Suppression and retention of urine although frequently producing similar symptoms are entirely unlike.
In suppression of urine there is no secretion of urine, the secreting function of the kidneys being for the time either partially, or entirely destroyed. This variety is attended with considerable danger, the brain being exceedingly liable to become diseased, and if the suppression be total, serious cerebral difficulty generally sets in, in the form of delirium, succeeded by coma and effusion. In these cases the saliva, sweat, and water effused on the brain, have a urinous smell and taste.
The suppression may arise from inflammation of the kidneys, when it is attended with febrile symptoms, nausea, vomiting pain in the region of the kidneys, tenderness of the abdomen to the touch, frequent desire to urinate, but if any is secreted, it passes in small quantities, and is accompanied with severe pain; or it may be occasioned by the presence of gravel or calculi in the kidneys, giving rise by their irritation to inflammation, when the symptoms are similar to those described above. Sometimes it may depend on paralysis of the kidneys, when there may be no desire to urinate, an absence of pain and febrile symptoms, but the unpleasant cerebral symptoms set in none the less rapidly.
In retention of urine, the urine is secreted as usual, but from some cause, such as the presence of stone in the bladder, inflammation or stricture of the urethra, paralysis of the bladder, enlargement of the prostrate gland or the presence of tumors, it is prevented from passing out. The symptoms of course are exceedingly varied according to the cause of the disease. There is distension of the bladder, which can be distinctly felt, elevated above the pubis, - and by this symptom alone the difficulty may be distinguished from suppression of urine, - pain in the region of the bladder, and constant but ineffectual desire to urinate, attended with severe pain, except in cases of paralysis, where there is an absence of febrile symptoms and pain. This difficulty seldom exists alone, but generally in connection with some other disease. If not relieved, the bladder may become so distended as to be ruptured, discharging the urine into the bowels, causing gangrene, and resulting in death.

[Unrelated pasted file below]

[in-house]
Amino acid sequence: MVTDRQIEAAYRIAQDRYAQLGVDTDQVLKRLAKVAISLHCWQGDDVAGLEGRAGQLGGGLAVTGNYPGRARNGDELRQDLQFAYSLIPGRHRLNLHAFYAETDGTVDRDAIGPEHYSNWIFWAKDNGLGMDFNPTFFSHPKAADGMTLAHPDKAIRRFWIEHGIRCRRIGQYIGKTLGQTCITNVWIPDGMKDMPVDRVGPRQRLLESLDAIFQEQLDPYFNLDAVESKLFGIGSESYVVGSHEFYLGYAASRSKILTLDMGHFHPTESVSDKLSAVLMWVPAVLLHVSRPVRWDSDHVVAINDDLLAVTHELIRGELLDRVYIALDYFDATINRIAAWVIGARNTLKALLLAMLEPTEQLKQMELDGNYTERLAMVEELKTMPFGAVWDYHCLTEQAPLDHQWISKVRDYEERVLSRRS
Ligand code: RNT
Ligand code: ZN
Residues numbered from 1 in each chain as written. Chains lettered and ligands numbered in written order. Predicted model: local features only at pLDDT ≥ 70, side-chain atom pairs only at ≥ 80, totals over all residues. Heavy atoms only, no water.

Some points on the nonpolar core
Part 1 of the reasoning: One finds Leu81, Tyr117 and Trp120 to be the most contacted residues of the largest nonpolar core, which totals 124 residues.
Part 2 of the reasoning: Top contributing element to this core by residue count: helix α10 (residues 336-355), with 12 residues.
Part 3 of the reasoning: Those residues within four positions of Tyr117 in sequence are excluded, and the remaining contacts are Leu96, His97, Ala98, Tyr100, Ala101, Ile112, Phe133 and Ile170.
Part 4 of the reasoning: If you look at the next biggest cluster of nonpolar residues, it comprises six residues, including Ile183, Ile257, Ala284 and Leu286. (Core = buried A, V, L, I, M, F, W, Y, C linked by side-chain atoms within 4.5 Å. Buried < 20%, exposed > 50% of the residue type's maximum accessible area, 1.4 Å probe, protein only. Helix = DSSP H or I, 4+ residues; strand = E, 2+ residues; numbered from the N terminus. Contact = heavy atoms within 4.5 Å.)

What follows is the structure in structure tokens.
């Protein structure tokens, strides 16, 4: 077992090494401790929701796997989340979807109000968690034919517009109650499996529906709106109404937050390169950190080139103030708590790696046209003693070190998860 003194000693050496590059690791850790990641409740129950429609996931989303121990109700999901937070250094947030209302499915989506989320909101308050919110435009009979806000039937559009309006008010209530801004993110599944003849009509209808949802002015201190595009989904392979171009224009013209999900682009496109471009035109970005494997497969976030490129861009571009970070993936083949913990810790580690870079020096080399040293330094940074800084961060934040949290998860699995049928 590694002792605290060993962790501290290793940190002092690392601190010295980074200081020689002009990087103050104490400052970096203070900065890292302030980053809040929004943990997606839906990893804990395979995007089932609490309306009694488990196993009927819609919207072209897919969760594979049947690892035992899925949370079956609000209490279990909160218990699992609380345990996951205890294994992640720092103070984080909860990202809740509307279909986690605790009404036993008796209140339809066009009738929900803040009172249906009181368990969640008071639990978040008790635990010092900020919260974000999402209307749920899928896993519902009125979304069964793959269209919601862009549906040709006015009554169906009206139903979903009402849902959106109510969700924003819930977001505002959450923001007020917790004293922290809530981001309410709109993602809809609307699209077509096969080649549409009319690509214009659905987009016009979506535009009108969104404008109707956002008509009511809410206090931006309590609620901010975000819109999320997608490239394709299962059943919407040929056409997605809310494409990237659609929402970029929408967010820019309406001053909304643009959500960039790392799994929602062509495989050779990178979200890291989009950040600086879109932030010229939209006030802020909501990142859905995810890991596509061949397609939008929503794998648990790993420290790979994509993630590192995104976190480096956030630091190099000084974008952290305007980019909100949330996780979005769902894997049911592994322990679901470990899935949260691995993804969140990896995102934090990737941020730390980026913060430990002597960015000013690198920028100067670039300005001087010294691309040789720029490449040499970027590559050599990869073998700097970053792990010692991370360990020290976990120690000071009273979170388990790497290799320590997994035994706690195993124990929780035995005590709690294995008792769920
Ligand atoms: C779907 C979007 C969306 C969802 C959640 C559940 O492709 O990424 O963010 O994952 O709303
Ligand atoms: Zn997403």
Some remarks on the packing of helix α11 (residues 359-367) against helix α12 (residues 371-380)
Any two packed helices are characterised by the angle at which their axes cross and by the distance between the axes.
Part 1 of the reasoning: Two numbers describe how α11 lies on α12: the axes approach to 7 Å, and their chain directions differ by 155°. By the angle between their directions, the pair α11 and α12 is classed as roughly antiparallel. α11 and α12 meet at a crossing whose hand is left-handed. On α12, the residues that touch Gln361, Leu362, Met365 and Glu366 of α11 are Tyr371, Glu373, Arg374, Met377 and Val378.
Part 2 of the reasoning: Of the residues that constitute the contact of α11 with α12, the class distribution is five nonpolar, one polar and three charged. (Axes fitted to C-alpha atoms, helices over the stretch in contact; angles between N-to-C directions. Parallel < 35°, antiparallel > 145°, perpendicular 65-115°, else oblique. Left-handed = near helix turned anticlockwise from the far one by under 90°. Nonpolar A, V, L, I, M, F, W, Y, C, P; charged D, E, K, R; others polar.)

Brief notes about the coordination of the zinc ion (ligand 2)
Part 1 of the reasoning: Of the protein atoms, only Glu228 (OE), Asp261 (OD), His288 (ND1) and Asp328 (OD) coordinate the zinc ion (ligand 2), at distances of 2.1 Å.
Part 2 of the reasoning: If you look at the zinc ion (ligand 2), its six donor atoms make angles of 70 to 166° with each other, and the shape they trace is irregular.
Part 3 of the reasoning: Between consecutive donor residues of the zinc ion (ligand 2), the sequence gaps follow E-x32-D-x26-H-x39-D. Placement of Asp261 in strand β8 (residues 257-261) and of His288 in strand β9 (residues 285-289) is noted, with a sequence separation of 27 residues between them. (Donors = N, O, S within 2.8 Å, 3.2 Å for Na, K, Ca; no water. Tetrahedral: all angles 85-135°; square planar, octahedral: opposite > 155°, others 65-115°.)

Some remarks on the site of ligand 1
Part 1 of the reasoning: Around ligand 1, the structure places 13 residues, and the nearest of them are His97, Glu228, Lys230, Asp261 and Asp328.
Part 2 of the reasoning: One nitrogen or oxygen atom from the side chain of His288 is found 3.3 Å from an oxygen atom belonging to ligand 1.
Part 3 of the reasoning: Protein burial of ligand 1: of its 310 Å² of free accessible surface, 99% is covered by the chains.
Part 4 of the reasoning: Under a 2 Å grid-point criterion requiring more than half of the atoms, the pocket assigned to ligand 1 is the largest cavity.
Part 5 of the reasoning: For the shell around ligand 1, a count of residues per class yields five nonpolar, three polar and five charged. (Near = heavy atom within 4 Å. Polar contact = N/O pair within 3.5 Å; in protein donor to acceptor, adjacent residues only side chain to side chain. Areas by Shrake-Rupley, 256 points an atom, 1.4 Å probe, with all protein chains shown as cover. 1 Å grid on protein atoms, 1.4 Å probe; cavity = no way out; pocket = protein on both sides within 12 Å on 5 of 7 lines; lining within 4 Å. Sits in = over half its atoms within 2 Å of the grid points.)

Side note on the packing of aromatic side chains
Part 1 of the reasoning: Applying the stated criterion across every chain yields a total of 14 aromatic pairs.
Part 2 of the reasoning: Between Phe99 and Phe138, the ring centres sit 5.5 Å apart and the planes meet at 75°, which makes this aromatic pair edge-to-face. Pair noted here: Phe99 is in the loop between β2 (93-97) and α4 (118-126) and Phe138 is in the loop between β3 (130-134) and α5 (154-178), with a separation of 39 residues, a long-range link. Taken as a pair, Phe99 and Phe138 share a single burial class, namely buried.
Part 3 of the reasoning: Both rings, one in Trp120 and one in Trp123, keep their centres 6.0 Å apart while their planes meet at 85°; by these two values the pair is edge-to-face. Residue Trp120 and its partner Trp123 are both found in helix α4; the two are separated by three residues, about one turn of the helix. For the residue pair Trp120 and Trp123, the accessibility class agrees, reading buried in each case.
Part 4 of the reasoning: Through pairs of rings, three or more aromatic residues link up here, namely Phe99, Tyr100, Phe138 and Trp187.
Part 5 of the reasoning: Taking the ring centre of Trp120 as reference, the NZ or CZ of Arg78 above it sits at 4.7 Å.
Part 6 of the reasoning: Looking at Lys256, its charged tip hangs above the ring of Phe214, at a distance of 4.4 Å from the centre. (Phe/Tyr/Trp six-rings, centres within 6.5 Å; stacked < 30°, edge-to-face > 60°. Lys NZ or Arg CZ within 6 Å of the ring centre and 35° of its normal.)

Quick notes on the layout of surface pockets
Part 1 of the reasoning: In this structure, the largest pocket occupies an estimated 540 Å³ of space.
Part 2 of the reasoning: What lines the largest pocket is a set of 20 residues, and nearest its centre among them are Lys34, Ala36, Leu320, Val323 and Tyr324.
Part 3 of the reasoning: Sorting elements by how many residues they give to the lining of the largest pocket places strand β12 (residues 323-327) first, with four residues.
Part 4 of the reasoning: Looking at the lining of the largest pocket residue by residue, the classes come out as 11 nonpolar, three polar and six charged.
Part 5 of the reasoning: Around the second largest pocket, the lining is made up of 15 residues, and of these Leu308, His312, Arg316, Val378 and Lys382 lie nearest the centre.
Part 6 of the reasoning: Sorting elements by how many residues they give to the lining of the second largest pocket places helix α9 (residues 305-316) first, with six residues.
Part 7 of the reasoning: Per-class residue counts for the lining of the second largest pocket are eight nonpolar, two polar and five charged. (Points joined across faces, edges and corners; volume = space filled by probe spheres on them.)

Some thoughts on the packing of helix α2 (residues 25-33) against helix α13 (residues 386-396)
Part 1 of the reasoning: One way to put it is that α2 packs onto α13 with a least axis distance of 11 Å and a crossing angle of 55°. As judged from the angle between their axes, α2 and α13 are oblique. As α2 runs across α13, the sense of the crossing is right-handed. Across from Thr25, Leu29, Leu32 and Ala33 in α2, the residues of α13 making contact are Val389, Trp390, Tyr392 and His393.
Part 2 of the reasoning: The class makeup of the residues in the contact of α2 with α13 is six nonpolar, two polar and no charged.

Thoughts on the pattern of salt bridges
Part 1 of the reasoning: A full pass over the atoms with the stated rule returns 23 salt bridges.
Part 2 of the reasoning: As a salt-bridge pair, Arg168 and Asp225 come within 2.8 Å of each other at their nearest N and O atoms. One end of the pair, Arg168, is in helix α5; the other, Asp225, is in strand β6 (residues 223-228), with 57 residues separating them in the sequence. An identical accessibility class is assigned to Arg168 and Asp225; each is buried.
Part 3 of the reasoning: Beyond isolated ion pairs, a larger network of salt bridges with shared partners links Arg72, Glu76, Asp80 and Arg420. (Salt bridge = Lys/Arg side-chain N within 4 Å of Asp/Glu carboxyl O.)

The use of the catheter may be frequently required, but as this should be used by the practiced hand of the physician, it will be unnecessary to speak of it here. The cause of the disease should be ascertained as nearly as possible; whether the result of stricture, of inflammation, of mechanical injury, of paralysis or gravel.
External application, such as, warm baths, poultices, warm cloths, or if much heat is present, cold water will be found not only in this complaint, but in Cystitis and Nephritis, valuable auxiliaries. See also wet-bandage. The prominent remedies are: Canth., Cann., Aeon., Bell., Rhus, Nux-v., Terebinth, Ars., Asparagus, Arnica.
Where it is occasioned by mechanical injury, or the irritation of calculi, Arnica is the proper remedy.
When the result of paralysis, Nux-v., Arsenic, Terebinth.
The treatment as a general thing should commence with Camphor or Aconite. These remedies will often produce entire relief. If however after four or five doses have been given no relief has been obtained select another remedy.
Opium is of great benefit in. the aged.
Camphor two or three drops given every half hour will be of great benefit, especially in children.
Three drops, or twelve globules, in a tumbler of water, a tablespoonful at a dose; or a powder, or six globules on the tongue. In severe cases a dose may be given every half hour, increasing the intervals as relief is obtained, to two or three hours.